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RE: Virtual CCIE's? posted 08/21/2007
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Just want to weigh in here. 

I agree with your point about comparing an MCSE to a CCIE is not valid.
It is more akin to a CCNP. I have both certifications, and am working on
the CCIE. I can honestly say that it is no harder to get a CCNP than it
is to get an MCSE. I did think the CCNA was a challenge, perhaps even
harder than any of the CCNP individual tests. I have been dual certified
for the better part of 10 years, and was one of the original MCSE's. The
MCSE 4 (NT era) wasn't terribly difficult, but that has changed. I
thought that the 2003 certification was even harder than the CCNP. There
were a bunch of paper MCSE's, but this is more or less not the case
anymore. To truly understand the Microsoft operating systems is very
challenging. There is much more to it than most people realize. The CCIE
is a whole different level altogether though. Microsoft has a
certification that is akin to CCIE, it is called MCA (Microsoft
Certified Architect). I don't know much more about it than you are
subject to peer review and inquiry to get the certification.

To your point about very bright people not passing the CCNA, I think
there is a really simple explanation for that. Just because you are
smart, doesn't necessarily mean you have a specific aptitude. We are all
gifted in different ways, and for some, our gifts enable us to better
understand some things that people much smarter than us are not able to
comprehend. It doesn't make us smarter than them, or them not as smart
as us. It is simply an aptitude that you may not have.

One additional comment about networking in general. In my opinion, there
are a great many people that work in this field that really have very
little foundation understanding of how a network works. They know what
Ethernet is, and the definition of a packet, but they really don't
understand how it works. Ever ask someone what the maximum throughput is
on a 100 MBS Ethernet connection? To really know that you need to
understand some basic concepts about how Ethernet works. Most people
don't ever bother to learn that and think that the throughput is
actually 100 MBS. 

I say all that to point out that for a high school kid, no matter how
smart, to understand the science behind a network is a monumental task.
It was just 13 years (or less) ago they were learning how to read and
write. They don't have the historical perspective nor the time to learn
the science unless they are totally committed to it. That makes
understanding the concepts of networking an even bigger challenge, so I
am not surprised that they find it tough to pass the CCNA. Couple that
with the fact that they have probably never really been tested in this
manner, and the CCNA test would be a formidable opponent.

My thoughts for what they are worth...

Michael

-----Original Message-----
From: nobody@xxxxxxxxxxxxxx [mailto:nobody@xxxxxxxxxxxxxx] On Behalf Of
Joseph Brunner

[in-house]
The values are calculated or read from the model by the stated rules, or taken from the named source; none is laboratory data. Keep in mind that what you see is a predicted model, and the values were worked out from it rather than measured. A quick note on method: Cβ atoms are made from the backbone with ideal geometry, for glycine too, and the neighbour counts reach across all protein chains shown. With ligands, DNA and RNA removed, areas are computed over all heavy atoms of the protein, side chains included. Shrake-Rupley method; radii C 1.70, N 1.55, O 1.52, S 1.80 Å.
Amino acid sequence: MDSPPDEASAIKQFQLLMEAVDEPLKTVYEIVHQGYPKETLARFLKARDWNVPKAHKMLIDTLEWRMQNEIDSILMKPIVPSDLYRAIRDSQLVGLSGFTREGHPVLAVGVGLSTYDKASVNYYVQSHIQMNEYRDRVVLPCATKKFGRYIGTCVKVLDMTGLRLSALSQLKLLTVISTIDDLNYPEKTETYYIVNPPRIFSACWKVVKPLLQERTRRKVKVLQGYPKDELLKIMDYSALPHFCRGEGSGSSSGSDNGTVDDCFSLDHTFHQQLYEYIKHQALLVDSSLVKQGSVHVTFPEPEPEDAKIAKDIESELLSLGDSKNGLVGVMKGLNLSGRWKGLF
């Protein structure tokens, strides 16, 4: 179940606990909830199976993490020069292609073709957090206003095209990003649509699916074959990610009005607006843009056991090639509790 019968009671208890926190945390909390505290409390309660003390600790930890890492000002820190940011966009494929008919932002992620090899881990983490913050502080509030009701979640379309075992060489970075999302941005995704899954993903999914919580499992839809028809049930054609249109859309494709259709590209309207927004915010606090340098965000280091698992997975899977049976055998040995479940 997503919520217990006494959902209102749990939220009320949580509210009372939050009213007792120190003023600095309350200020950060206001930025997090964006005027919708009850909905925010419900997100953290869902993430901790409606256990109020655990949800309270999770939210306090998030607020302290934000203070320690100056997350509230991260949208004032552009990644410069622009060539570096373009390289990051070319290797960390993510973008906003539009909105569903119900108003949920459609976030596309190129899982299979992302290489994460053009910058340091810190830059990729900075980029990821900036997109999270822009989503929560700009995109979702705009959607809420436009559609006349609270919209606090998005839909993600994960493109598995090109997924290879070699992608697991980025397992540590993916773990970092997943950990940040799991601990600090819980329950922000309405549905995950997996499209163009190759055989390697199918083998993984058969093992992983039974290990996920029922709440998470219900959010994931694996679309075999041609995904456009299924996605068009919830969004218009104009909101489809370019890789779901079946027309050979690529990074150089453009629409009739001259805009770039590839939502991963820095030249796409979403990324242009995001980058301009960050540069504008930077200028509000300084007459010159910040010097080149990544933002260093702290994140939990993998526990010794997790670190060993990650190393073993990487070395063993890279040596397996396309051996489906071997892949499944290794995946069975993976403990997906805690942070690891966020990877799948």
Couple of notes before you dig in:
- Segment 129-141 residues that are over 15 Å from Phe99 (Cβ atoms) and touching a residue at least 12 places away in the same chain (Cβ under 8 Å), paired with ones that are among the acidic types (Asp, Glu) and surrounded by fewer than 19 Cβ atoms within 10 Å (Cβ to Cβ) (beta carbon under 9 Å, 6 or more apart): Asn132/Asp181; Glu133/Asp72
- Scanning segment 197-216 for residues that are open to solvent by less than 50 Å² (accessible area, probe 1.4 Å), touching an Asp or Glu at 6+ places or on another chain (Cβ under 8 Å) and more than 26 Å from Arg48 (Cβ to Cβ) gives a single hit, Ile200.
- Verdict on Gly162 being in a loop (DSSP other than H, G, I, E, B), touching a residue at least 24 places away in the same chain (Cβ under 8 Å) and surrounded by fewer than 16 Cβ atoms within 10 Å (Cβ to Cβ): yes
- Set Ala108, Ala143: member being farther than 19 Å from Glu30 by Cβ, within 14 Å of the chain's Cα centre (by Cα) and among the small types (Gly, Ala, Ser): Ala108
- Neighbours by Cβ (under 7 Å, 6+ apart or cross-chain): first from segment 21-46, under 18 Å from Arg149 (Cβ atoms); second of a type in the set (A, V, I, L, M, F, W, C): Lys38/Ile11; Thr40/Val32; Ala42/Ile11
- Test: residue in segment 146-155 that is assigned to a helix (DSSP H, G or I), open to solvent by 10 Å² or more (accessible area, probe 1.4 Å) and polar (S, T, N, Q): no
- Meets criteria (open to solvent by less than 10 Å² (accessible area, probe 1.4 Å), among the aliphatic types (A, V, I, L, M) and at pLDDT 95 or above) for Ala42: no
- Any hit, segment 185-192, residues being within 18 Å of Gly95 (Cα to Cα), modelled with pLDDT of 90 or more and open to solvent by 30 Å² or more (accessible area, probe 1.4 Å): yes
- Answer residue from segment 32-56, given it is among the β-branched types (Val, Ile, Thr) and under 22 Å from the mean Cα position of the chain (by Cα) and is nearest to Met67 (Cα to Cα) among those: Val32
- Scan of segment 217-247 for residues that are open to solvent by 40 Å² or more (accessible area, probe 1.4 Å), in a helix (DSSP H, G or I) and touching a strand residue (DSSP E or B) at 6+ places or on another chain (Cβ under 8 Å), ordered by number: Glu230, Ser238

Sent: Monday, August 20, 2007 9:47 PM
To: 'Gregory Gombas'; 'Cisco certification'
Subject: RE: Virtual CCIE's?

Whoa, wait a minute Keanu, there is a spoon!

The spoon is the real world application to that intelligence that either
learned with dynamips or a CSR-1 running IOS-XR is real and serious...

There will not be an "ARMY" of paper soldiers carrying the CCIE olive
branch
logo on their uniforms. The brain power required to "spot the issues"
and
"verify your tasks" is light years beyond the MCSE TESKING
certification.

Have you researched the MCA? Even Microsoft has realized the MCSE's
worth,
and has now created a real certification worthy of a professional. I
tell my
CCNA students that if they have an MCSE, it was a walk in the park... 

Think you can get into Wharton UPENN today? Think I can? My brother's
friend
is going there free, that's right, gratis. He failed his CCNA! He got
nearly
a perfect SAT score, 5 on all his AP exams. Finished college level
Calculus
in 10th grade, etc. He was not even the valedictorian at the school.
That
kid is going to Princeton. He also failed his CCNA! Cisco is given in
high
schools now, it seems ;( (I did and love woodshop!)

Cisco requires you change your mind, your thinking skills, your problem
solving at many levels. You memory, reactions to stress, and time will
all
be challenged. Your seemingly invincible logic will be reversed. Think
you
can route IPV6, develop qos policies, configure multicast, and BGP?
Think
you can do it in a room for 8 hours with a clock, fatigue, and a dozen
people, and freezing cold air conditioning racing against you, breaking
you
down?

Comparing the MCSE to the CCIE is like comparing a boy scout who climbed
Bear mountain to a Sherpa who RAN up Everest in 17 hours with no oxygen
(google it). Why do you think with 100,000s of network engineers in the
world engineers there are less than 15,000 CCIE's??? You must commit to
being the best long enough to get there. That is a challenge in many
fields
most can't and will not do.

-Joe

-----Original Message-----
From: nobody@xxxxxxxxxxxxxx [mailto:nobody@xxxxxxxxxxxxxx] On Behalf Of
Gregory Gombas
Sent: Monday, August 20, 2007 9:19 PM
To: Cisco certification
Subject: Virtual CCIE's?

Guys,

I was checking out Dynamips and its pretty cool and all, but it does
worry me a little bit....

How will employers view the CCIE certification after they've been
burned by hiring a CCIE who has never touched a real router in their
life?

Do you like the idea of a pilot flying your plane whose only training
was with a virtual flight simulator?

I remember the days when the MCSE was a hot cert until an army of
paper CCIE's hit the job market.

Maybe they won't call it a paper CCIE, maybe they'll coin a new term
like virtual CCIE.

Just food for thought...

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